Predictive maintenance is used to prevent unplanned downtime by leveraging advanced data capturing and analysis techniques.

The many benefits that arise from being able to predict failures and quality issues make predictive maintenance invaluable to any manufacturing operation.

Until now, operators and maintenance personnel have performed maintenance according to a preset schedule, also known as “preventive maintenance”. This method can consume unnecessary labor and material resources, and results in maintenance activity that only prevents about 50% of a factory’s failure events.

Join us in this 2-part article series covering predictive maintenance tools and use cases including insight into PdM in both setup and deployment phases.

 

How does Predictive Maintenance work?

Part of the Industry 4.0 revolution, predictive maintenance makes use of a set of tools such as process modeling, data integration, data analytics and machine learning – to provide manufacturers with actionable insights about the health of their production assets.

For a general idea of how this is achieved, this post will include a list of predictive maintenance tools including the components of a typical predictive maintenance system.

 

Predictive Maintenance Tools – Setup

A predictive maintenance system is set up using a number of tools, each with its own defined functionality:

Sensors

Function: Capture data in real time

The market for industrial sensors is constantly growing in variety and quality with a vast number of vendors offering sophisticated products at relatively low costs.

Some common parameters captured by industrial sensors include:

  • Vibration
  • Temperature
  • Pressure
  • Light
  • Water/lubricant quality
  • Chemical content
  • Liquid/solid levels

In manufacturing, data sent from these sensors can be used for predictive maintenance. Through the application of advanced analysis techniques such as machine learning and artificial neural networks, predictions are formed regarding Remaining Useful Life (RUL) and other asset health and performance-related KPIs.

The data captured by sensors can also be utilized in other manufacturing use cases such as:

Track & Trace – following raw materials, components, mobile equipment, and finished products throughout the factory/process.

Quality Assurance – testing using optical sensors and identifying equipment anomalies that will likely result in quality issues.

Inventory Management – monitoring and controlling the supply of spare parts and raw materials, preventing inventory surplus or shortages.

 

Data Communication and Gateway Devices

Function: Facilitate communication in the Industrial IoT network

Gateway Devices are intermediate connection points that connect controllers (PLCs, wireless devices etc.), and sensors to a computing platform – whether on-premise or on-cloud. Gateway devices also protect the IoT network and the data being transported, providing an additional layer of security.

IoT Communication Protocols form the language of the Industrial IoT network. Common protocols such as MQTT, AMQP and CoAP, make sure that devices across the network speak the same language (interoperability) while being light on resources such as power and memory consumption.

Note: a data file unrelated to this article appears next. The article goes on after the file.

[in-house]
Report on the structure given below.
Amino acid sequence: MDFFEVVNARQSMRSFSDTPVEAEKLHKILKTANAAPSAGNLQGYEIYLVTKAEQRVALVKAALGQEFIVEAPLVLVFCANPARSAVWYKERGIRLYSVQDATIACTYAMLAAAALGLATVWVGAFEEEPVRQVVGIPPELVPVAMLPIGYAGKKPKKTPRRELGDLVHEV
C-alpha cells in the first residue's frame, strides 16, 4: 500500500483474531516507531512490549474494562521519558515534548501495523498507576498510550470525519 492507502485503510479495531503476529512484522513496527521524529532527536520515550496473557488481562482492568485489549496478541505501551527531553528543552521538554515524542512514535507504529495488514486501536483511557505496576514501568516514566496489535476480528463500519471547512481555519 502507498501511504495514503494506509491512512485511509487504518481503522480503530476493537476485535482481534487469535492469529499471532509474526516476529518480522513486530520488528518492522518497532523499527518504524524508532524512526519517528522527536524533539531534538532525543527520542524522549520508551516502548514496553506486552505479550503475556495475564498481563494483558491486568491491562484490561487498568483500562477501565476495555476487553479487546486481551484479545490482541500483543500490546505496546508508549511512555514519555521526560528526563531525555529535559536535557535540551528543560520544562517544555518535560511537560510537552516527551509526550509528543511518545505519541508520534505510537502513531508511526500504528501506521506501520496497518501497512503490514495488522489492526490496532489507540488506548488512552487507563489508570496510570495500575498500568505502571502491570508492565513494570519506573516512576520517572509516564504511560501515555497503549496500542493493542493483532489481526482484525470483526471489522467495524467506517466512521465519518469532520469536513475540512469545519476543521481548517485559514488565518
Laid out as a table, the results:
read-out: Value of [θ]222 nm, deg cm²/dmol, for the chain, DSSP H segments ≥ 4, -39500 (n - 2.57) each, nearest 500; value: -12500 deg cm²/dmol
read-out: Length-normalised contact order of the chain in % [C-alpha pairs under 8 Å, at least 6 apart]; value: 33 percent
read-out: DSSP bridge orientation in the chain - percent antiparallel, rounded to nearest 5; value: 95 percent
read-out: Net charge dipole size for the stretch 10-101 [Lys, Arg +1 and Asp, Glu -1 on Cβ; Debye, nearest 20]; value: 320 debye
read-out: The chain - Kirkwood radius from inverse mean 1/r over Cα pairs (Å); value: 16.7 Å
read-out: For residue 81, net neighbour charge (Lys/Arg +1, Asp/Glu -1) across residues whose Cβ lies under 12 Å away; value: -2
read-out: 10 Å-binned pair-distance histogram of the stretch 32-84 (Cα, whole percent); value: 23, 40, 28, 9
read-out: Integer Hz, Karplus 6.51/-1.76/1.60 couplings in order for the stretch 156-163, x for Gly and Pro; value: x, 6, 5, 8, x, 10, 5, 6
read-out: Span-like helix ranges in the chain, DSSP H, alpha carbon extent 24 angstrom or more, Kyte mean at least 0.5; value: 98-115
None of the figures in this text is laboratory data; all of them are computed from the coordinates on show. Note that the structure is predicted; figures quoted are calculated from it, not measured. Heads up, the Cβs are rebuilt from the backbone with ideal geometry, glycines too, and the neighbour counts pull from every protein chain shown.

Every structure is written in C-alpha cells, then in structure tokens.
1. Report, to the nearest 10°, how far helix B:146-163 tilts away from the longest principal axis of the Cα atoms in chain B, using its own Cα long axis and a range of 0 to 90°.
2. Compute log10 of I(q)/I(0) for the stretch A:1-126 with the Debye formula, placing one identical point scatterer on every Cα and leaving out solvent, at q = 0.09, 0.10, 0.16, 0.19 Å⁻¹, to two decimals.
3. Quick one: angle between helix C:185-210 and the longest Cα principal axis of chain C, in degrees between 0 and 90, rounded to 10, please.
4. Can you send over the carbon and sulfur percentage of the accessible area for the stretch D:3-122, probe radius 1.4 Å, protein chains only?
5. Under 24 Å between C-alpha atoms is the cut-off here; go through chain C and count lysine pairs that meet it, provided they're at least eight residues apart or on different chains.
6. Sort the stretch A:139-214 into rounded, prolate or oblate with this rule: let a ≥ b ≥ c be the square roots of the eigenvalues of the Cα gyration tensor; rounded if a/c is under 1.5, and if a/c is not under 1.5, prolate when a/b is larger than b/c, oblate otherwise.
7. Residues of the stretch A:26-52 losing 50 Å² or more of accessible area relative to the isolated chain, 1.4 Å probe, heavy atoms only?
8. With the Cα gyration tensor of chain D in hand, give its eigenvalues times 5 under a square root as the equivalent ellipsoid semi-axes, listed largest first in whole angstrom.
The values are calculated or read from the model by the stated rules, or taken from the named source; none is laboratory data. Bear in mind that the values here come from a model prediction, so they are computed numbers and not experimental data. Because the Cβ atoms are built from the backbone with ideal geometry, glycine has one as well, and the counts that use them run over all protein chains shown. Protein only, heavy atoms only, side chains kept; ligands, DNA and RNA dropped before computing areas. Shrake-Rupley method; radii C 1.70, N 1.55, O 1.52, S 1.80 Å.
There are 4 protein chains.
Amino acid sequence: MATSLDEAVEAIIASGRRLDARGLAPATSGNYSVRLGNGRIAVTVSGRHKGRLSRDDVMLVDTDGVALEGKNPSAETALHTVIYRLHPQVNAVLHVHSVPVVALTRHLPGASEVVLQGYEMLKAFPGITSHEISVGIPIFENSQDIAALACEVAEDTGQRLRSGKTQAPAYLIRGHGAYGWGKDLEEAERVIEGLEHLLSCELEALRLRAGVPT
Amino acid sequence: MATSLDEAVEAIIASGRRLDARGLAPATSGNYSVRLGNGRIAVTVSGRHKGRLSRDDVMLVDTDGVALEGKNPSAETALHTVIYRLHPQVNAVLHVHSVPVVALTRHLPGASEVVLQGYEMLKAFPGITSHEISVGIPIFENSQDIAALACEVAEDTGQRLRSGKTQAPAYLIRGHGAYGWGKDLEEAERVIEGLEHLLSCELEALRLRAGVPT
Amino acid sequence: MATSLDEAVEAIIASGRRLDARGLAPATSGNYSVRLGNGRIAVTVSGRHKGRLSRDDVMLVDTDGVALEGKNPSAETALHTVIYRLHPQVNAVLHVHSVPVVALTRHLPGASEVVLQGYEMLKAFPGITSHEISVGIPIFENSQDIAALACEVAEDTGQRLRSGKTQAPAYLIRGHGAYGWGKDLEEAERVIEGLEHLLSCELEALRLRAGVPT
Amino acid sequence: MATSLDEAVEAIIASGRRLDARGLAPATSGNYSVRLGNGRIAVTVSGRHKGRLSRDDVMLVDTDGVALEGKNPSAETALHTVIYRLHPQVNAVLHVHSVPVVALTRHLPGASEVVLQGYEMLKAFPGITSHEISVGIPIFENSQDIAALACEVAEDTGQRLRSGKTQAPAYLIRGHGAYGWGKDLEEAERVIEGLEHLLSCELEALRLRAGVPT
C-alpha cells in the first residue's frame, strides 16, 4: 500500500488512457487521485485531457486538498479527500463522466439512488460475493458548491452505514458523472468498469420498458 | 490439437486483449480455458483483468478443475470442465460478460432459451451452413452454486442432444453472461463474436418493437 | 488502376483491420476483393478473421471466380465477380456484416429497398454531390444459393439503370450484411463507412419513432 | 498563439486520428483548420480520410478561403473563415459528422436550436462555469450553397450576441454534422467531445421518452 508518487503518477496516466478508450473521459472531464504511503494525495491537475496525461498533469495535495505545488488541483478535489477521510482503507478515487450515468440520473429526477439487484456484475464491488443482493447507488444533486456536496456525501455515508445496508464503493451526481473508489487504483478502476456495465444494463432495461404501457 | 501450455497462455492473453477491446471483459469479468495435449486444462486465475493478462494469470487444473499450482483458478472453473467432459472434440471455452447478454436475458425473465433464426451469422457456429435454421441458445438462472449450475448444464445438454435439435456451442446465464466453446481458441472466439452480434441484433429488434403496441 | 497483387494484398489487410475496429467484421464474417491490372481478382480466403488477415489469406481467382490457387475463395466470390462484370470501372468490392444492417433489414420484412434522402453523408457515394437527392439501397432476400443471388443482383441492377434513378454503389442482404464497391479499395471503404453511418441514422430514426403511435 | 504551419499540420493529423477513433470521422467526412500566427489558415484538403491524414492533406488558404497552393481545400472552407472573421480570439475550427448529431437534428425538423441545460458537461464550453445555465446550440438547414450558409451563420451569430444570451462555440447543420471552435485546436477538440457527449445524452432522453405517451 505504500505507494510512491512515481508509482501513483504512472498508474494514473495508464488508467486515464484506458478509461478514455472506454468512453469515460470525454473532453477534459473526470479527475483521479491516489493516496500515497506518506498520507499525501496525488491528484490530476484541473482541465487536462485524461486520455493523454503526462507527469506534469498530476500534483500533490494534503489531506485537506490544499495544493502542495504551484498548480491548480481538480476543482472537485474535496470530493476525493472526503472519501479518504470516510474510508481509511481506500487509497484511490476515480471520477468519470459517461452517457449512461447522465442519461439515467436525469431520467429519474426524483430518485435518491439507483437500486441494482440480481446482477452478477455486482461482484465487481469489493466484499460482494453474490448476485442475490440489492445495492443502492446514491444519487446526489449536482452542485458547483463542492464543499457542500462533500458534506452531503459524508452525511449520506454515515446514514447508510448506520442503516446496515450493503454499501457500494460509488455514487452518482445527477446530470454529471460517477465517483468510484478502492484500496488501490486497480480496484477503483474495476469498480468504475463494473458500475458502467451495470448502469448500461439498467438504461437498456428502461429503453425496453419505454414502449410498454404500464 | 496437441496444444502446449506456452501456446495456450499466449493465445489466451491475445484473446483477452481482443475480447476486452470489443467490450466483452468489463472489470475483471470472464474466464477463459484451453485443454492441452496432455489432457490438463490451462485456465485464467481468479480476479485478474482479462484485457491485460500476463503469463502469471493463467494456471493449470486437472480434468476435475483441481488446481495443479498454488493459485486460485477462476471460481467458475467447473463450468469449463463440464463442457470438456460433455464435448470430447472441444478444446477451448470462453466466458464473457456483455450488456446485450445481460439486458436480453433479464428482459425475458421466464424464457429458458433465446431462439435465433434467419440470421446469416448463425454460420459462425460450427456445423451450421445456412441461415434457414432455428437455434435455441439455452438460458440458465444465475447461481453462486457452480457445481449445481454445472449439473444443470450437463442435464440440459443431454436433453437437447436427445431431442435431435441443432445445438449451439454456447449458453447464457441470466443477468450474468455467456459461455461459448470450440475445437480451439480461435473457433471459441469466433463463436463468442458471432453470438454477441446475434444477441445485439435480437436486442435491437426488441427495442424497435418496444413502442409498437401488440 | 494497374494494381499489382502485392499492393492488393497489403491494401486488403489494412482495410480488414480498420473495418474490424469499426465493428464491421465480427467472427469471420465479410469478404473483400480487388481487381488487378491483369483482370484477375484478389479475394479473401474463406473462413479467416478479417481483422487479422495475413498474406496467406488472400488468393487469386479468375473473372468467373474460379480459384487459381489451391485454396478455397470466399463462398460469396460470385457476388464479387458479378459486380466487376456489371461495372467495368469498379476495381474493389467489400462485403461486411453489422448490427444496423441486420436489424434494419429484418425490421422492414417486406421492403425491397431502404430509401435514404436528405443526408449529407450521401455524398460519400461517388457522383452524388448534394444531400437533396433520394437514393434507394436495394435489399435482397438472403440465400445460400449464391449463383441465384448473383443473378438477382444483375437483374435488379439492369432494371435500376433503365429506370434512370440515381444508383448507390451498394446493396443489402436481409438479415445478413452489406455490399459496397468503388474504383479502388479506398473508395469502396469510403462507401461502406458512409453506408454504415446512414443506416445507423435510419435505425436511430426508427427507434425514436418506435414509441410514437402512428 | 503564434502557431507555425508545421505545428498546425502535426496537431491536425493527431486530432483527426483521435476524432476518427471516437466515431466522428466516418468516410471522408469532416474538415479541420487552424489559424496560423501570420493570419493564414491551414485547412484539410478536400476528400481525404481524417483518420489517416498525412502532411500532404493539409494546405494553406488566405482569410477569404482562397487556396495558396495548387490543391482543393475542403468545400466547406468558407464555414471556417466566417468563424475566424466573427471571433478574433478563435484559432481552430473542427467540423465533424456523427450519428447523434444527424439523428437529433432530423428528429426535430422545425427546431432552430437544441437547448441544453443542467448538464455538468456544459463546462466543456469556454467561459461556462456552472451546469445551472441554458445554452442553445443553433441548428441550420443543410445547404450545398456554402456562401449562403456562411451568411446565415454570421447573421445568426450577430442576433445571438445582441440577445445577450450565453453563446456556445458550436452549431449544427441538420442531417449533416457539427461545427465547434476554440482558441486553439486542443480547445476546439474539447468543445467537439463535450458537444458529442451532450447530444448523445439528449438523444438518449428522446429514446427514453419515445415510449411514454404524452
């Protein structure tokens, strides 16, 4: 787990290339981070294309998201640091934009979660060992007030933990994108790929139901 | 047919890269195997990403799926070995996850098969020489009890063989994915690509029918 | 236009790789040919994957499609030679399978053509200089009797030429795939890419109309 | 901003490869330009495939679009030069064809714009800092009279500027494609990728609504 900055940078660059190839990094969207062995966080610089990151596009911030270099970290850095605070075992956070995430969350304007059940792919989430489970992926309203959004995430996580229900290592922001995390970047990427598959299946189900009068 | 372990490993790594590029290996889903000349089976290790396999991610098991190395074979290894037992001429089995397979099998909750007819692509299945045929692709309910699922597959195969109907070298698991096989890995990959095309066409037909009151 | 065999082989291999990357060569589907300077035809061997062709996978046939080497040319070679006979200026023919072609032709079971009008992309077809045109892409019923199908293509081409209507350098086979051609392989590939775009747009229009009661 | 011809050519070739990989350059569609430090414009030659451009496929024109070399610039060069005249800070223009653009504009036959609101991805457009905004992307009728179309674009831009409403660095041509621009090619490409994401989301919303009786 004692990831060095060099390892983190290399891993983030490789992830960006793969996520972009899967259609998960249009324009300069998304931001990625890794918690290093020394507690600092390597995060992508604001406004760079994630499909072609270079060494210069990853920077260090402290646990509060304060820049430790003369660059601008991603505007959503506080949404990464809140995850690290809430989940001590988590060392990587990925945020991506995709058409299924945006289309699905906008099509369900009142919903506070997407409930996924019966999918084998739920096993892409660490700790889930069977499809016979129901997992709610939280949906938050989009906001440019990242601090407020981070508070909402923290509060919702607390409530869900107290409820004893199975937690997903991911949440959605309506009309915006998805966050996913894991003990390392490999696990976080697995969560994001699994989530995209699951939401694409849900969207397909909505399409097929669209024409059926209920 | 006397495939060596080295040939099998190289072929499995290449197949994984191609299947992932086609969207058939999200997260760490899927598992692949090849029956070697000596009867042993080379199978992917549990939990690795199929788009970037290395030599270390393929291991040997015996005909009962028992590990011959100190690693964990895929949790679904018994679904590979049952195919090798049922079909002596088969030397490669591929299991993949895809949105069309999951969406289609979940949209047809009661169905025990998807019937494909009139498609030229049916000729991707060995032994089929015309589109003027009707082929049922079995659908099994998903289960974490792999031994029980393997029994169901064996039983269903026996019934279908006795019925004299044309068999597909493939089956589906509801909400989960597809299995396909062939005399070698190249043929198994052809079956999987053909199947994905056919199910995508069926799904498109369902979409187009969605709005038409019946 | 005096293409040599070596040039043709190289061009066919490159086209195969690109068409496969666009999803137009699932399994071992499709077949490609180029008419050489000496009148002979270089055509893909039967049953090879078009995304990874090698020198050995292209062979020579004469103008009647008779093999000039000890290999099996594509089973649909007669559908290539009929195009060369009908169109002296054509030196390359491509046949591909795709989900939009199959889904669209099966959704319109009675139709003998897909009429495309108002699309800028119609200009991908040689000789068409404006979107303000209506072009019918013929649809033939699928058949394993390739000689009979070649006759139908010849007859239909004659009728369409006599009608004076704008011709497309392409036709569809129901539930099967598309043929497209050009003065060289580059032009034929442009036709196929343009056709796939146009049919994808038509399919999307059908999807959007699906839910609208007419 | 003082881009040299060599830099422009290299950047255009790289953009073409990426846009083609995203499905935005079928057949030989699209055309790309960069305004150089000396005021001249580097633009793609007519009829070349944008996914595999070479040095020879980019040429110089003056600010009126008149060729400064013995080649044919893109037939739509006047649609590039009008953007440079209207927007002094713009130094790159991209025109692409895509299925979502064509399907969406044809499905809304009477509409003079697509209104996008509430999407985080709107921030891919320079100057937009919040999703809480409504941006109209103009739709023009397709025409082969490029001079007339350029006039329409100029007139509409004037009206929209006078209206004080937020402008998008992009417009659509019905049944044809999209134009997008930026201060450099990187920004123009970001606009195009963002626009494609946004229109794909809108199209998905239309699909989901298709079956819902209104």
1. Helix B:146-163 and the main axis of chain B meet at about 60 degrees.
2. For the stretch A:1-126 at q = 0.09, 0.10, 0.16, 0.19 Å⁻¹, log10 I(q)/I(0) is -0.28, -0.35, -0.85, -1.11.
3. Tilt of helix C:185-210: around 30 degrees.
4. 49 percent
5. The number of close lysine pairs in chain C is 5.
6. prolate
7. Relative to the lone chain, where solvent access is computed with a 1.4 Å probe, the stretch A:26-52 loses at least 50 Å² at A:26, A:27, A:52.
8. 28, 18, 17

The Edge & Cloud Nodes

Function: Data aggregation and device management

Edge computing in the smart factory setting.
Edge nodes maintain the security of the industrial IoT network while reducing latency in communication.

Even a fairly simple production line can generate massive amounts of data which need to be captured, aggregated, normalized, and analyzed.

To secure the network, and to maintain a low level of data communication latency, edge nodes are deployed in close proximity to the production line. The edge nodes handle part of the analytical and processing workload. This also makes scaling the network much easier.

 

Industrial IoT Platform

Function: Modeling, simulation, data integration, and predictive analytics

Building in-house solutions for predictive maintenance is expensive and heavy on resources, while many companies lack the relevant skills.

Industrial IoT platforms vary in the scope and quality of their features, but the more comprehensive platforms will usually offer the following capabilities:

  1. Solution Modeling – Creating a visual blueprint of the PdM solution that includes the various components within the context of your operation: physical equipment, sensors, communication protocols, data analytics, and dashboards.
  2. Simulator – A test environment to validate the functionality and cost of your PdM system before development.
  3. Data Integration – Gateways and connectors enabling streamlined IIoT development with connectivity to your OT and IT data sources.
  4. Predictive Analytics and Machine Learning – Insights from the platform are used by operational teams on the ground to uncover the root cause of manufacturing issues, maximize overall equipment effectiveness (OEE), and reduce unplanned downtime.

BONUS: Digital Twin – Leading IIoT platforms provide intuitive visualization of the condition of production lines in real time. Alerts and automated root cause analysis, powered by machine learning and AI, deliver deep insight into upcoming downtime and quality disruptions.

 

Stay tuned for Part II!
Learn how predictive maintenance is deployed in the manufacturing setting, and how an industrial IoT platform is used as a Human-Machine Interface for maintaining control over asset health.